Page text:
Quinn G.E.,Children's Hospital of Philadelphia | Good W.V.,Smith Kettlewell Eye Research Institute
Archives of Ophthalmology | Year: 2011

Objective: To compare grating (resolution) visual acuity at 6 years of age in eyes that received early treatment (ET) for high-risk prethreshold retinopathy of prematurity (ROP) with that in eyes that underwent conventional management (CM). Methods: In a randomized clinical trial, infants with bilateral, high-risk prethreshold ROP (n=317) had one eye undergo ET and the other eye undergo CM, with treatment only if ROP progressed to threshold severity. For asymmetric cases (n=84), the high-risk prethreshold eye was randomized to ET or CM. Main Outcome Measure: Grating visual acuity measured at 6 years of age by masked testers using Teller acuity cards. Results: Monocular grating acuity results were obtained from 317 of 370 surviving children (85.6%). Analysis of grating acuity results for all study participants with high-risk prethreshold ROP showed no statistically significant overall benefit of ET (18.1% vs 22.8% unfavorable outcomes; P=.08).Whenthe 6-year grating acuity results were analyzed according to a clinical algorithm (high-risk types 1 and 2 prethreshold ROP), a benefit was seen in type 1 eyes (16.4% vs 25.2%; P=.004) undergoing ET, but not in type 2 eyes (21.3% vs 15.9%; P=.29). Conclusion: Early treatment of eyes with type 1 ROP improves grating acuity outcomes, but ET for eyes with type 2 ROP does not. Application to Clinical Medicine: Type 1 eyes should be treated early; however, based on acuity results at 6 years of age, type 2 eyes should be cautiously monitored for progression to type 1 ROP. Trial Registration: Identifier: NCT00027222 ©2011 American Medical Association. All rights reserved.

Katzner S.,University College London | Katzner S.,Smith Kettlewell Eye Research Institute | Katzner S.,University of Tübingen | Busse L.,University College London | And 2 more authors.
Journal of Neuroscience | Year: 2011

GABAA inhibition is thought to play multiple roles in sensory cortex, such as controlling responsiveness and sensitivity, sharpening selectivity, and mediating competitive interactions. To test these proposals, we recorded in cat primary visual cortex (V1) after local iontophoresis of gabazine, the selective GABAA antagonist. Gabazine increased responsiveness by as much as 300%. It slightly decreased selectivity for stimulus orientation and direction, often by raising responses to all orientations. Strikingly, gabazine affected neither contrast sensitivity nor cross-orientation suppression, the competition seen when stimuli of different orientation are superimposed. These results were captured by a simple model in which GABAA inhibition has the same selectivity as excitation and keeps responses to unwanted stimuli below threshold. We conclude that GABAA inhibition in V1 helps enhance stimulus selectivity but is not responsible for competition among superimposed stimuli. It controls the sensitivity of V1 neurons by adjusting their response gain, without affecting their input gain © 2011 the authors.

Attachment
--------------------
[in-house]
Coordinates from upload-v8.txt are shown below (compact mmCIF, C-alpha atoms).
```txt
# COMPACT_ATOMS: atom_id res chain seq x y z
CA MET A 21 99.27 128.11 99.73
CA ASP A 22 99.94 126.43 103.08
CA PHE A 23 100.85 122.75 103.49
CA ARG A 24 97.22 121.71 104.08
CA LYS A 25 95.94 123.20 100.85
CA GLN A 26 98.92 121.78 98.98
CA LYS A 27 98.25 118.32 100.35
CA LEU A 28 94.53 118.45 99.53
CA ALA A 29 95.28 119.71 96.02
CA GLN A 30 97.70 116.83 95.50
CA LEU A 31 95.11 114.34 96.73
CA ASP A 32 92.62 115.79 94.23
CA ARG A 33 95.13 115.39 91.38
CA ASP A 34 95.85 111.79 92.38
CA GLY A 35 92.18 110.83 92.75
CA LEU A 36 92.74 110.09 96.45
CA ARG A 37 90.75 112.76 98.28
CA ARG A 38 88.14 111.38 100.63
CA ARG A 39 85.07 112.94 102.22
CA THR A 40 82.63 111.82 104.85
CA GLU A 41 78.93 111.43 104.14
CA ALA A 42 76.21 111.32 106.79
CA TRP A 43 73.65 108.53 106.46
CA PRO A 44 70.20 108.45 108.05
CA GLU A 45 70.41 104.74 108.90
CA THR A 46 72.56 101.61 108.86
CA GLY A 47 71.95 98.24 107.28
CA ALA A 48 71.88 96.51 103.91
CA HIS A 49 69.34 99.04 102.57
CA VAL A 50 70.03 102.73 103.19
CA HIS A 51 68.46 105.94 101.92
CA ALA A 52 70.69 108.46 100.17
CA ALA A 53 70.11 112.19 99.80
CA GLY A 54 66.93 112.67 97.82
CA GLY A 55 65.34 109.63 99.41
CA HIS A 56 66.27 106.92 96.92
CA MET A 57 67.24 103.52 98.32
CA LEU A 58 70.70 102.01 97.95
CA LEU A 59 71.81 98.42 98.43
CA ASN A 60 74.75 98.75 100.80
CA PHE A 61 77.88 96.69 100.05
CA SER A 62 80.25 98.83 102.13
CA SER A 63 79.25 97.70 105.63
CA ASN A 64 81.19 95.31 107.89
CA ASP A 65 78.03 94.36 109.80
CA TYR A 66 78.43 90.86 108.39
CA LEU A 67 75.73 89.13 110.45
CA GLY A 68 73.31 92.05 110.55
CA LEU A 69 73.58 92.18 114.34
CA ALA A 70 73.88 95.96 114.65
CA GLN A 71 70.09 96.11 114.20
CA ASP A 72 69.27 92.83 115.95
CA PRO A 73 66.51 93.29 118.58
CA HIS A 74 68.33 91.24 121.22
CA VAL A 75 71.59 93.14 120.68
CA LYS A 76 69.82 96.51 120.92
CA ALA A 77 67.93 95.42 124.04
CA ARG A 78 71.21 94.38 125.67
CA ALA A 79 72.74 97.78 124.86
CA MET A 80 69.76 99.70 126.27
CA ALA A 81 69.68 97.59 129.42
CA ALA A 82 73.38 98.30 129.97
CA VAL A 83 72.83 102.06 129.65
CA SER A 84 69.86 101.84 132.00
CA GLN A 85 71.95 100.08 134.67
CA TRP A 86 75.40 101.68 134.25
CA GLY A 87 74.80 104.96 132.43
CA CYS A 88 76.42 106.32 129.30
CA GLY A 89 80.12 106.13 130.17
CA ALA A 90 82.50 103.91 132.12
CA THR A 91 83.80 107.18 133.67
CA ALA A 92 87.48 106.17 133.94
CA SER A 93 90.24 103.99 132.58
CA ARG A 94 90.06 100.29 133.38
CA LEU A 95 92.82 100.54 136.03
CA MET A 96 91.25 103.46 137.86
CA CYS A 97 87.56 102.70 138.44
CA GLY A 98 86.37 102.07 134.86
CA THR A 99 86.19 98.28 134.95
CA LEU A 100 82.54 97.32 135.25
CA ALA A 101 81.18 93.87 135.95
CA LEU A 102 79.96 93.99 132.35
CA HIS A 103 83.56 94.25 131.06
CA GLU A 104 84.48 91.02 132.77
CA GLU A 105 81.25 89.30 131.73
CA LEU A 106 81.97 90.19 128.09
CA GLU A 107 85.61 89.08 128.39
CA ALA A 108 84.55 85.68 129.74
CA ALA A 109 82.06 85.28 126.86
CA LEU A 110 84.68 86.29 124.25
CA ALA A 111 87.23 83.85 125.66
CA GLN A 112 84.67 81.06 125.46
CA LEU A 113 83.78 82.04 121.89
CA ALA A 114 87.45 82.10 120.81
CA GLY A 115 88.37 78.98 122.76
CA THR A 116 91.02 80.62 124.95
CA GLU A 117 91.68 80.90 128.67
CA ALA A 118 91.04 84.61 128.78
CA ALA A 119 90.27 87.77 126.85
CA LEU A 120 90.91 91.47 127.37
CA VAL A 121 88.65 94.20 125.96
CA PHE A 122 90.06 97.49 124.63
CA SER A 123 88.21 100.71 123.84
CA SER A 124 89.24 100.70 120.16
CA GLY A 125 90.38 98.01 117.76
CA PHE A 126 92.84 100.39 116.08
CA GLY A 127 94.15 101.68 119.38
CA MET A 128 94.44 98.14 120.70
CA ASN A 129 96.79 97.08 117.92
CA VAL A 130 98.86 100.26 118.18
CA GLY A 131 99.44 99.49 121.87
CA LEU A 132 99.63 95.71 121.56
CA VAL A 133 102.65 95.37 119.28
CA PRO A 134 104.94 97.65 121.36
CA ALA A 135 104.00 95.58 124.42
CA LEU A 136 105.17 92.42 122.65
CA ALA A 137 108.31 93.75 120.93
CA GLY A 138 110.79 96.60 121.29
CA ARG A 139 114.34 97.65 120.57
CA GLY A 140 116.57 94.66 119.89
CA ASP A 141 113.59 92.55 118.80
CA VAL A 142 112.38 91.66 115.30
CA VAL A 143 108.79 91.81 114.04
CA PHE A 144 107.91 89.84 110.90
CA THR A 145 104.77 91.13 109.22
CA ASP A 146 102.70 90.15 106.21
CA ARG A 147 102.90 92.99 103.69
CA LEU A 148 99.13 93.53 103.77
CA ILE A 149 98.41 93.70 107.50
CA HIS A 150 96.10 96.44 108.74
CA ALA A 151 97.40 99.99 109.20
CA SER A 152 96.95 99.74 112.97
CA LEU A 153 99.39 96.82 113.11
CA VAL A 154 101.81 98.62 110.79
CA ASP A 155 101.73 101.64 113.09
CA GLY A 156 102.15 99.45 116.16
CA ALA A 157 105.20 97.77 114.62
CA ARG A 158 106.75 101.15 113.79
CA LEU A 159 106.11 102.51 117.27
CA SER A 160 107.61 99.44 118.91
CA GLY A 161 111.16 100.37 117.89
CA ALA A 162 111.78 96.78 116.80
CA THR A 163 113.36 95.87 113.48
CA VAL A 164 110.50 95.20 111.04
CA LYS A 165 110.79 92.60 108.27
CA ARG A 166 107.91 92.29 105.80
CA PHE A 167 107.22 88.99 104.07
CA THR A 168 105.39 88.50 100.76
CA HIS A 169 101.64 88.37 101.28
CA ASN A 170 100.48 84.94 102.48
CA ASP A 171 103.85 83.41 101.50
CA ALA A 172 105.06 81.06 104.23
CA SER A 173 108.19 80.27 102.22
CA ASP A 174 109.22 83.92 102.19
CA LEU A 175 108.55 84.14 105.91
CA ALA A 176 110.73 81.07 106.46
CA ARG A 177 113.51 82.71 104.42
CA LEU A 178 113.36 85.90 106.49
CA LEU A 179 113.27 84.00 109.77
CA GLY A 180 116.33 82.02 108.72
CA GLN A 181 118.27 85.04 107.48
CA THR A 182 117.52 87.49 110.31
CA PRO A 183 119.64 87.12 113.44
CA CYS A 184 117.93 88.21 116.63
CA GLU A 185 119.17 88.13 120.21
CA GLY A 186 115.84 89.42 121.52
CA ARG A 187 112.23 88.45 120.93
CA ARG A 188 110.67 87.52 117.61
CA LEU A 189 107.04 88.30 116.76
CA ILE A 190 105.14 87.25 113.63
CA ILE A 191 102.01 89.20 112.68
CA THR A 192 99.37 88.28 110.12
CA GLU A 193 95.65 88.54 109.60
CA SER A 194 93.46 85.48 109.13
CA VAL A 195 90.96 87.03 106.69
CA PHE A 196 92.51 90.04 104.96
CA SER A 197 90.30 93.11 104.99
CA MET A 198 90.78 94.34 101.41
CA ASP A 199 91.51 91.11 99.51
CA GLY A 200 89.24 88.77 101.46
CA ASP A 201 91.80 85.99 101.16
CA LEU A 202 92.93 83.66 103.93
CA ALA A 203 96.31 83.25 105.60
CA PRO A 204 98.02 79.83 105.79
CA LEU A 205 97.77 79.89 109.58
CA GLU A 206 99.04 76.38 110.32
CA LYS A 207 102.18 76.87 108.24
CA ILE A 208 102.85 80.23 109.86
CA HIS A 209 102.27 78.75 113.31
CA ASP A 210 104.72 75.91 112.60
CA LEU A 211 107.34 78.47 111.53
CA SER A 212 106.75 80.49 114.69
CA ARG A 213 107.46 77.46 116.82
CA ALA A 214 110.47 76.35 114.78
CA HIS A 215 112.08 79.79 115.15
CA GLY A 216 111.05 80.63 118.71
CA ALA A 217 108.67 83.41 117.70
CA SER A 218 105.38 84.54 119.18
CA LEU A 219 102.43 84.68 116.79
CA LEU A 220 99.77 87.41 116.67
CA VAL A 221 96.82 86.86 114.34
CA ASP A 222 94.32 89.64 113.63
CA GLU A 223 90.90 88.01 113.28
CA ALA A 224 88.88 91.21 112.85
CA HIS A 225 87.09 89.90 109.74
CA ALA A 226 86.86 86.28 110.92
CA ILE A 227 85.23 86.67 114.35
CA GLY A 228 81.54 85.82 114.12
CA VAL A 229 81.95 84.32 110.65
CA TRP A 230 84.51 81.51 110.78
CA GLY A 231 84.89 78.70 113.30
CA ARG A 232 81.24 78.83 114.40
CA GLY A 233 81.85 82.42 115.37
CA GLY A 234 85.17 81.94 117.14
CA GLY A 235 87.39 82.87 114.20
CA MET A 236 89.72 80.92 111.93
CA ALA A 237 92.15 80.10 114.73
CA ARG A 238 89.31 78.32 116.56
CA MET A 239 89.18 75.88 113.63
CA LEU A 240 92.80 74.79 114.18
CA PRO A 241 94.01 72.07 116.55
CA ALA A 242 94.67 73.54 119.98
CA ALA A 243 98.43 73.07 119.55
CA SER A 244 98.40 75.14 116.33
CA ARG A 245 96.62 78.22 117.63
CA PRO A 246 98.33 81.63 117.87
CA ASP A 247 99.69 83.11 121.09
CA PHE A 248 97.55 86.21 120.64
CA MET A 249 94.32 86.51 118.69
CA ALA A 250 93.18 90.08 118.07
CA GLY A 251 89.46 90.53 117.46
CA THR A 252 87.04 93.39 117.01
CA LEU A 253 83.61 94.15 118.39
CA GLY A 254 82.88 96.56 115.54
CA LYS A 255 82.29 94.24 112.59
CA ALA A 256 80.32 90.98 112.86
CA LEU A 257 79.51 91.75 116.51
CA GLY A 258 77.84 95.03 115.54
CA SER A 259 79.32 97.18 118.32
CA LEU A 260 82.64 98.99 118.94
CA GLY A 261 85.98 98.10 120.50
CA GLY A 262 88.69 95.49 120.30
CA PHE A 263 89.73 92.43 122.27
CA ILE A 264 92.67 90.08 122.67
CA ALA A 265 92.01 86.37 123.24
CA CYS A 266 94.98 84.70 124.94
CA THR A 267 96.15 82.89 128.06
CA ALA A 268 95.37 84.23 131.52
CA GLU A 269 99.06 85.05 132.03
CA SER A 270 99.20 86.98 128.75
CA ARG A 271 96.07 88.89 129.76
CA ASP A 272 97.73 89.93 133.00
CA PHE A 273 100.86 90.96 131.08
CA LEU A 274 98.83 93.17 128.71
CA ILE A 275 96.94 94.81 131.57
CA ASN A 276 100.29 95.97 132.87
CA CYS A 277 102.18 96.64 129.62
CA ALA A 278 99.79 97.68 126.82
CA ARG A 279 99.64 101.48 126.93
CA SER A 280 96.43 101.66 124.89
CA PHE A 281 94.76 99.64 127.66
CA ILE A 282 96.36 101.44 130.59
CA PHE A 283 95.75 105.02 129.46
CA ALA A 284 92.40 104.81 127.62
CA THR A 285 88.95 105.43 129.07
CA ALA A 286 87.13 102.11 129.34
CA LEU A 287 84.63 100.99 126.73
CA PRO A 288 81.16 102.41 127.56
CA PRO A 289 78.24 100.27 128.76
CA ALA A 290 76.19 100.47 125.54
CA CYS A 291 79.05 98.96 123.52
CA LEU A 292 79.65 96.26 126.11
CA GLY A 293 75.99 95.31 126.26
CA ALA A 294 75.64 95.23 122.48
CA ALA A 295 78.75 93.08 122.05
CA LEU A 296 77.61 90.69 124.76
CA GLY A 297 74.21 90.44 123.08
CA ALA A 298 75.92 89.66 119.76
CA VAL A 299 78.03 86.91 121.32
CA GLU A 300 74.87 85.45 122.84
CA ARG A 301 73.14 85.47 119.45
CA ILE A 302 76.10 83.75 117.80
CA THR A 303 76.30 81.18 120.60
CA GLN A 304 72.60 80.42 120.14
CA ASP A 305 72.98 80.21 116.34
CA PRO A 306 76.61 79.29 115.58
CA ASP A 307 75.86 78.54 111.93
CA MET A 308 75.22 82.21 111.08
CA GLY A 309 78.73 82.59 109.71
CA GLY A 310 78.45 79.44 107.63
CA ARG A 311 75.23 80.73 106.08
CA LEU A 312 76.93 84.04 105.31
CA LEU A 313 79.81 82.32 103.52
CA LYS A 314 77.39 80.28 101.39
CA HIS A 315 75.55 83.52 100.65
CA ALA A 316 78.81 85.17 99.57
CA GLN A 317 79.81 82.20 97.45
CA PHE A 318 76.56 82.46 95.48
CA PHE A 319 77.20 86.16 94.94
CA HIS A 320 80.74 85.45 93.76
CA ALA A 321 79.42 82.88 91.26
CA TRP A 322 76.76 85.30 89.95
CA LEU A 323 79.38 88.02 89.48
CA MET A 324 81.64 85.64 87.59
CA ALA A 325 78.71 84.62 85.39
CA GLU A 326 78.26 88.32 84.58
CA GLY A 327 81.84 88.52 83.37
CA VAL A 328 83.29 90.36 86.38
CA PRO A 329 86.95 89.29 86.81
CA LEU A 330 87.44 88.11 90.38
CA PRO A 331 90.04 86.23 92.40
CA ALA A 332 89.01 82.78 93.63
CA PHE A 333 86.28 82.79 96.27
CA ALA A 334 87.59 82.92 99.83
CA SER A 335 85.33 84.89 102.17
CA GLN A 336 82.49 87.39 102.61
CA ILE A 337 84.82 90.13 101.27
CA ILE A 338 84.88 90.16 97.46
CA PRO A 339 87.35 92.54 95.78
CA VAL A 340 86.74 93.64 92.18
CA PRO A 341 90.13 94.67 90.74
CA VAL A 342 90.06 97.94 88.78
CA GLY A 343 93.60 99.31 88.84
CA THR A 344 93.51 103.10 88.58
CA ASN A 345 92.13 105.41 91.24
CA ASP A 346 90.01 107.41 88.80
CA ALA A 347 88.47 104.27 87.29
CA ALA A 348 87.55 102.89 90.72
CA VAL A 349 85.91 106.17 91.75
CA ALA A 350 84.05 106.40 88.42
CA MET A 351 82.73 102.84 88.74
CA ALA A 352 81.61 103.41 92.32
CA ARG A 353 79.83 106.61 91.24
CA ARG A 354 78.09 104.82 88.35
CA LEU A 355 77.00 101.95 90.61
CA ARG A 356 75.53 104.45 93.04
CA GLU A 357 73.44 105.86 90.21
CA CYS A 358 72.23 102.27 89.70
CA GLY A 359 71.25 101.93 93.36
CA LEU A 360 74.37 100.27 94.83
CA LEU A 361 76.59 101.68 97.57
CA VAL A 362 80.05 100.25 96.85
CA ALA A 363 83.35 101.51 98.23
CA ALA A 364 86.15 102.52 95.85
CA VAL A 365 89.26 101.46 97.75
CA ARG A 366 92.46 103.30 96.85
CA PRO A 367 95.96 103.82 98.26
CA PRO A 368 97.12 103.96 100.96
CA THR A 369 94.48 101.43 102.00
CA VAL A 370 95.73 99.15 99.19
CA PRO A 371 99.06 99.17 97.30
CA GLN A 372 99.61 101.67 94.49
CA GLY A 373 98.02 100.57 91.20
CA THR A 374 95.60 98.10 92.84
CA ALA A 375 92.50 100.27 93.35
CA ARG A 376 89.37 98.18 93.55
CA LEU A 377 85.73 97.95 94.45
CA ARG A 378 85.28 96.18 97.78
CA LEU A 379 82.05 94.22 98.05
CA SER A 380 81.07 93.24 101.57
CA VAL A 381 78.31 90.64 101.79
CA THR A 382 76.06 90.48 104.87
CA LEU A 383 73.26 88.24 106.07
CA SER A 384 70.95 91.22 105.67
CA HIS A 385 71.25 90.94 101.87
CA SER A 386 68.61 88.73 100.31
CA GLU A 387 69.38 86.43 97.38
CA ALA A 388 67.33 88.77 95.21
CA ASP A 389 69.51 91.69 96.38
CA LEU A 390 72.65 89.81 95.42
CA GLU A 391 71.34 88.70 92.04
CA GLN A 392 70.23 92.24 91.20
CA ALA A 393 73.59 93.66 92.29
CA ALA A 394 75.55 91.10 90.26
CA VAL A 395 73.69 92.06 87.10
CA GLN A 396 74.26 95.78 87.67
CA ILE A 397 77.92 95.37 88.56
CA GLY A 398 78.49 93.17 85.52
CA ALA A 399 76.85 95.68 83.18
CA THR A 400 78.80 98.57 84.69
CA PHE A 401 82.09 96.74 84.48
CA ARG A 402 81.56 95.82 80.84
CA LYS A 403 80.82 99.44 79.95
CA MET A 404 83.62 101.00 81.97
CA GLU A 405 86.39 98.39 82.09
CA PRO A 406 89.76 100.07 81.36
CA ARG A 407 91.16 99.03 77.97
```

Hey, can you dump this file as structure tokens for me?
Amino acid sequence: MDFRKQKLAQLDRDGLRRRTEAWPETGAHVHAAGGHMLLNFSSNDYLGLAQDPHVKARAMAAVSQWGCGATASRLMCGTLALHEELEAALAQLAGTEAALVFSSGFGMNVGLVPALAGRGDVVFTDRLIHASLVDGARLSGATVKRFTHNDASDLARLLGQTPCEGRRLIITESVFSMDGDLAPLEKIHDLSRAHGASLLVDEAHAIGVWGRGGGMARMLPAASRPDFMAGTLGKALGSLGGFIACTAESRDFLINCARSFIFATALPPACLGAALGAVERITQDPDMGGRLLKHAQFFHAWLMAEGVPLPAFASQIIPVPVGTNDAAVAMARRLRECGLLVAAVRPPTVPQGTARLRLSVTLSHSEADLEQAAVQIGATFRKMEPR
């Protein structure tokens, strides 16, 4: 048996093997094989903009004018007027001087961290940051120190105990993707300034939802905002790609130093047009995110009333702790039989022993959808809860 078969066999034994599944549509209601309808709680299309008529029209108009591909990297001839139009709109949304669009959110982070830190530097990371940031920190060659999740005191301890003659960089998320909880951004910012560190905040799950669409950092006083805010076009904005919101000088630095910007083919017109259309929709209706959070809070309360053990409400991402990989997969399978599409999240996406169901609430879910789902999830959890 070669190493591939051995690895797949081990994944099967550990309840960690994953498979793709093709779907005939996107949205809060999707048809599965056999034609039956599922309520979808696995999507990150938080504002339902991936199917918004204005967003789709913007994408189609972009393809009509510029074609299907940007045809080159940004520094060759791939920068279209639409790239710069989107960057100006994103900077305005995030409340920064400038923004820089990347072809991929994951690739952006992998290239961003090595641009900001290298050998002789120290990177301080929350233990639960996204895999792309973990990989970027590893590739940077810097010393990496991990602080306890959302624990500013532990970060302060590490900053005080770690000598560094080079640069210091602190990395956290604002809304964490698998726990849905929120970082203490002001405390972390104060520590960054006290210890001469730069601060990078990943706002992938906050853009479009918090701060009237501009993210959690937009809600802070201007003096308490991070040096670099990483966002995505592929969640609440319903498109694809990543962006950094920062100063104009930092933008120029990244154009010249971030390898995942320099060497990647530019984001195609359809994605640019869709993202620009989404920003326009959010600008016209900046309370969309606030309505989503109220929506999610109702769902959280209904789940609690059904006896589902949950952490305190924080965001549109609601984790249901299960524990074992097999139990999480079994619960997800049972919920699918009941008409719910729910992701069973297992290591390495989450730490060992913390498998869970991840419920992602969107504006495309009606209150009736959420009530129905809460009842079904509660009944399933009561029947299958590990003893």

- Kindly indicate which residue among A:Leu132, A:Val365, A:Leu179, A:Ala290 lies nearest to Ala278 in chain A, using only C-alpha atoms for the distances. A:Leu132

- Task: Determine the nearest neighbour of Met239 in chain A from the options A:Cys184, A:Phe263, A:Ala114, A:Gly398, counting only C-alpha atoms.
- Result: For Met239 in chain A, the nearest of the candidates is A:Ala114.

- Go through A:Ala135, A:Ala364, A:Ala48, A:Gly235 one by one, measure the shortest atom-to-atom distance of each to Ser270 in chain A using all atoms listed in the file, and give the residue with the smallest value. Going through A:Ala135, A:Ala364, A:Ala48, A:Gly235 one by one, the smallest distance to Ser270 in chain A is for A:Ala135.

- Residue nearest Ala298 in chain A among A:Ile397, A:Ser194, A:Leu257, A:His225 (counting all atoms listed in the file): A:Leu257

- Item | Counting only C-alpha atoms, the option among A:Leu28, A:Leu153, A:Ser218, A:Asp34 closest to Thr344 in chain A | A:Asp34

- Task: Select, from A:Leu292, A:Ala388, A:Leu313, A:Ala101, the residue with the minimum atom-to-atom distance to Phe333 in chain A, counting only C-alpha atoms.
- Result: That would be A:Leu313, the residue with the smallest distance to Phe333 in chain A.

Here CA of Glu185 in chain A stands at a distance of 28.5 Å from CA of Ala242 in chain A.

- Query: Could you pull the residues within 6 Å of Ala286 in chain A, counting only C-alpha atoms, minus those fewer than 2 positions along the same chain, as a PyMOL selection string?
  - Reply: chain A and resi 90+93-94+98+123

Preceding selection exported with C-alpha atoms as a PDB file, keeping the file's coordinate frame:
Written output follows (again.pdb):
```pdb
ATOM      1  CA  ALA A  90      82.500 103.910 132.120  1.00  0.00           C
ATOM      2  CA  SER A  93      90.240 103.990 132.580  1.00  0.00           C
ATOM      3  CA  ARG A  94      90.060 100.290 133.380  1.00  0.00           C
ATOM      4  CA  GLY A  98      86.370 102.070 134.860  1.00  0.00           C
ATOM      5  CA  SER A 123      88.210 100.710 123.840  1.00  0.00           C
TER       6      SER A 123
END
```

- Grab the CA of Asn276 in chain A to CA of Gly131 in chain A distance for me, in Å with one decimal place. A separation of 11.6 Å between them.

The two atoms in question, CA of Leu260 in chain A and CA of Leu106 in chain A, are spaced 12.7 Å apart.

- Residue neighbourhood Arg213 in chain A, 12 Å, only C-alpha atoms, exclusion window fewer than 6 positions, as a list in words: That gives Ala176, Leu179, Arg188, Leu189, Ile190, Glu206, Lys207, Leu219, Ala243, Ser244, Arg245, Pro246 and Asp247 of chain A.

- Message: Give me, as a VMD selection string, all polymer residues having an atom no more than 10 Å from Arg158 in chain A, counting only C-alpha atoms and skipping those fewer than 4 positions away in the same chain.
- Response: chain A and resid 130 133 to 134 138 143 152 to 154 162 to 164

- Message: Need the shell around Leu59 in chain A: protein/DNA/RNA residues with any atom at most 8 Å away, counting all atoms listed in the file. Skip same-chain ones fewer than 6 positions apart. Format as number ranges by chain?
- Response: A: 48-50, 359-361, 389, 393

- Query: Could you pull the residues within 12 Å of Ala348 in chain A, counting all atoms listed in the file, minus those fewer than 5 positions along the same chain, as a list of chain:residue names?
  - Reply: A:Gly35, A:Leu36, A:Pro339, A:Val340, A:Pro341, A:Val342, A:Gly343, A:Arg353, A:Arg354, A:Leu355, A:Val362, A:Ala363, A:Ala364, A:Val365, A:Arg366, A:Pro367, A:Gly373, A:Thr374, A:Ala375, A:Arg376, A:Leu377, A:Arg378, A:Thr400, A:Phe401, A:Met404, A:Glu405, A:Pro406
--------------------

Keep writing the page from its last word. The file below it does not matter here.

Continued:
Manduchi R.,University of California at Santa Cruz | Coughlan J.M.,Smith Kettlewell Eye Research Institute
Conference on Human Factors in Computing Systems - Proceedings | Year: 2014

Smartphone apps can use object recognition software to provide information to blind or low vision users about objects in the visual environment. A crucial challenge for these users is aiming the camera properly to take a well-framed picture of the desired target object. We investigate the effects of two fundamental constraints of object recognition- frame rate and camera field of view- on a blind person's ability to use an object recognition smartphone app. The app was used by 18 blind participants to find visual targets beyond arm's reach and approach them to within 30 cm. While we expected that a faster frame rate or wider camera field of view should always improve search performance, our experimental results show that in many cases increasing the field of view does not help, and may even hurt, performance. These results have important implications for the design of object recognition systems for blind users. Copyright © 2014 ACM.